Godless in the garden

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Godless in the garden

Welcome to gardeners, growers of veggies, fruits, flowers, and trees!  

 

Welcome  backyard hen enthusiasts, worm farmers, beekeepers & composters!

Location: Planet Earth
Members: 168
Latest Activity: 30 minutes ago

Welcome to Eden!

If you like to dig in the dirt, plant & prune, grow food & flowers, or sit and watch as someone else does your landscaping, you'll find something here to discuss!

Selected topics, in no particular order:
Moon Phase Widget here. Moon phase topic here.
Frugal gardening.
Backyard Chickens here. here. here. here.
Growing Fruits
Why buy locally-grown plants?
Squirrels.
bees.
Cheap gardening.

Scientific Gardening.   The Informed Gardener.  The truth about garden remedies.
Buy locally grown plants to prevent blight transmission here.
Grow lots of fruits in a small space, by backyard orchard culture.

Discussion Forum

Permaculture, Bill Mollison

Started by Joan Denoo Nov 16. 0 Replies

Plant Labels

Started by Daniel W. Last reply by Joan Denoo Nov 8. 21 Replies

Design with Nature

Started by Joan Denoo Nov 6. 0 Replies

Sepp Holzer´s Permaculture

Started by Joan Denoo. Last reply by Barbara Livingston Nov 6. 1 Reply

Permaculture, John D. Liu

Started by Joan Denoo. Last reply by Joan Denoo Nov 3. 8 Replies

Permaculture

Started by Joan Denoo. Last reply by Daniel W Nov 3. 2 Replies

Permaculture Transformation In 90 Days

Started by Joan Denoo. Last reply by Joan Denoo Nov 2. 4 Replies

A texas garden I never thought I would see!

Started by Joan Denoo. Last reply by Barbara Livingston Oct 30. 4 Replies

Backyard Organic Garden

Started by Joan Denoo. Last reply by Barbara Livingston Oct 29. 10 Replies

What the heck is hugelkultur? How does it save water?

Started by Joan Denoo. Last reply by Barbara Livingston Oct 29. 8 Replies

Comment Wall

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Comment by Daniel W on September 4, 2012 at 10:25pm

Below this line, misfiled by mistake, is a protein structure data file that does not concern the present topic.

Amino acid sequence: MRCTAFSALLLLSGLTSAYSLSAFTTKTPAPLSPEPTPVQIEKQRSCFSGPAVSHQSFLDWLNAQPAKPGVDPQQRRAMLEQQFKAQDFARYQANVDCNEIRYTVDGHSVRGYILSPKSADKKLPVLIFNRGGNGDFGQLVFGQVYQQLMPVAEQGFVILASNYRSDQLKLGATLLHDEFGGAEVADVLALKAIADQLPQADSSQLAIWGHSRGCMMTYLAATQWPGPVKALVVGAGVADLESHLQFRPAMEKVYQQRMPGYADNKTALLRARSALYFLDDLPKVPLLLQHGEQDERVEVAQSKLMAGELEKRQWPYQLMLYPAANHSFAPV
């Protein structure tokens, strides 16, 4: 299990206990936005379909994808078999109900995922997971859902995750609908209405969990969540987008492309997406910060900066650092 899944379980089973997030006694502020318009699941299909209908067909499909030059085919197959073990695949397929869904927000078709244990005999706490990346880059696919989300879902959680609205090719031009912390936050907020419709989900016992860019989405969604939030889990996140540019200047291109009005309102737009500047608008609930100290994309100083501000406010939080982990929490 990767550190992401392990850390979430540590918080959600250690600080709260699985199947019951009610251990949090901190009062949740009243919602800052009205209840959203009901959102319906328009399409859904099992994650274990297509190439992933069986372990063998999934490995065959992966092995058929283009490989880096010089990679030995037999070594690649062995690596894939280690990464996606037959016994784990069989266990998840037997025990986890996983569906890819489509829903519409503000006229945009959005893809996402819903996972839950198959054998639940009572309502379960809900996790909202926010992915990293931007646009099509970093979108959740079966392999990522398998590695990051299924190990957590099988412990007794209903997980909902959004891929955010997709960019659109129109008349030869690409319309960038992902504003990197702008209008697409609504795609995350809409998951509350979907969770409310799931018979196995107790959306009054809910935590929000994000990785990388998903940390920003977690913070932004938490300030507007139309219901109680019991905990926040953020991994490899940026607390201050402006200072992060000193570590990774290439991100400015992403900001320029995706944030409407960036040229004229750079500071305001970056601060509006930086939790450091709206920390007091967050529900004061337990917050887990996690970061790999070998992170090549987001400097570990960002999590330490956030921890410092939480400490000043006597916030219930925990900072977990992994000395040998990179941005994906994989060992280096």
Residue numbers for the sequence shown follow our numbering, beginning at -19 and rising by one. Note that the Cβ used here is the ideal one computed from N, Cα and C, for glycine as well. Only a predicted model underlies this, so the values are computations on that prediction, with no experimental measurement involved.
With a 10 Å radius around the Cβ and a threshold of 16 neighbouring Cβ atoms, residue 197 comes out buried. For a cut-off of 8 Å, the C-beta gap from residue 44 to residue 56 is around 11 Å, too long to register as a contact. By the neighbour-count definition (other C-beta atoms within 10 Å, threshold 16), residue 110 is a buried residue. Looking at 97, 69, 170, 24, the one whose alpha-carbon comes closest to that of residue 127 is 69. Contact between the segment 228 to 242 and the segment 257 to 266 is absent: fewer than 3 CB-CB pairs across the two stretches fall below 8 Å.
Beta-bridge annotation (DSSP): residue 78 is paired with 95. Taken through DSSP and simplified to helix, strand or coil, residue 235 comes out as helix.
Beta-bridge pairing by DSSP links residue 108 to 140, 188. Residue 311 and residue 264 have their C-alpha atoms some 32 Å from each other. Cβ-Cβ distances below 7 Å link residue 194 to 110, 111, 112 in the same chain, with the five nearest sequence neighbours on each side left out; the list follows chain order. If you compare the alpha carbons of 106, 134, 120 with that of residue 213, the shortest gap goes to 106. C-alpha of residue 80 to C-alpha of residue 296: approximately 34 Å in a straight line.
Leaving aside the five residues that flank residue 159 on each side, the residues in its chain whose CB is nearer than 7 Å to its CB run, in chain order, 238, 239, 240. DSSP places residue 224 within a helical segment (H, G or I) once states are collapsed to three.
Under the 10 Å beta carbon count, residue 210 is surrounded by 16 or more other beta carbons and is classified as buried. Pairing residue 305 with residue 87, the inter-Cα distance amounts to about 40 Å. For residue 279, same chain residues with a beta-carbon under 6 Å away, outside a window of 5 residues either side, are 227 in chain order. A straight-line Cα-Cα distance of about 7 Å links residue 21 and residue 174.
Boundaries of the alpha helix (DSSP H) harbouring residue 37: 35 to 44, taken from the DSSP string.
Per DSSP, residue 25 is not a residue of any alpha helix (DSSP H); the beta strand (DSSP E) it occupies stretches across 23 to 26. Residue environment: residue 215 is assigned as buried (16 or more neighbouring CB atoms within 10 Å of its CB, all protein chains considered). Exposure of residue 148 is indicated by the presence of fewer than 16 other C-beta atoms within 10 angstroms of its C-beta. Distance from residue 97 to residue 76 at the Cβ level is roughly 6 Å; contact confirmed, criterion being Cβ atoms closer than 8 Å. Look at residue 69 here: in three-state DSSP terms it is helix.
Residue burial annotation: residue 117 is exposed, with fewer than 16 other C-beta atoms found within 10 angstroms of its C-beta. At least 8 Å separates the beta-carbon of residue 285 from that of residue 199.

Idaho, the 2 acres (I hesitate to call something so small a farm.  Homestead?) is 30 miles from my house in town, which is in an "outer suburb" area.  It's too far to commute daily to work, but close enough that I can go often.  It was a foreclosure, needed some work, and I live fairly frugally.  So I can keep both.   My house in town was also abandoned for a year and needed major work, which I did myself.  I'm too attached to the result of my efforts to give it up.  The "homestead" will gradually improve - I did have to replace the kitchen subfloor, which isn't as hard as it sounds.   And have the well and septic tank repaired, which I hired out.  

Interested in what Joan says about the lights, too.  I've seen trees here that have different growth patterns near street lights, or the leaves hang on longer in winter.

Comment by Joan Denoo on September 4, 2012 at 4:51pm

Idaho Spud, excellent questions. give me some time to do a little research. Surely there are valid answers to your questions. 

Comment by Idaho Spud on September 4, 2012 at 4:30pm

Sentient, how far away from where you presently live is your 2 acres? I take it that you don't plan on moving.

Comment by Idaho Spud on September 4, 2012 at 4:18pm

Joan/Sentient/whomever, I've got some questions related to the need for a dark period that many plants have.  I've spent quite a bit of time on the internet, but haven't found all the answers yet.

To deter burglars and other miscreants, I run 10 watt (40 watt equivalent) fluorescent lights in all my windows at night, and I wonder if the plants that are close to the windows are negatively affected by the light.  Some plants are as close as 7 feet.  The closest is a watermelon that took a long time to get going.  Of course, it was buy some mulch that some pests hid in and held it back when it was young.

I also wonder if some colors of light will affect them less than others or white.  The company that sold me my LED grow lights claim that plants only use red and blue light, not green.  That's why they only have red and blue LEDs in their grow lights.

For a while, I put green fluorescent bulbs in the windows close to my plants, but then I read some opinions that plants do use green light.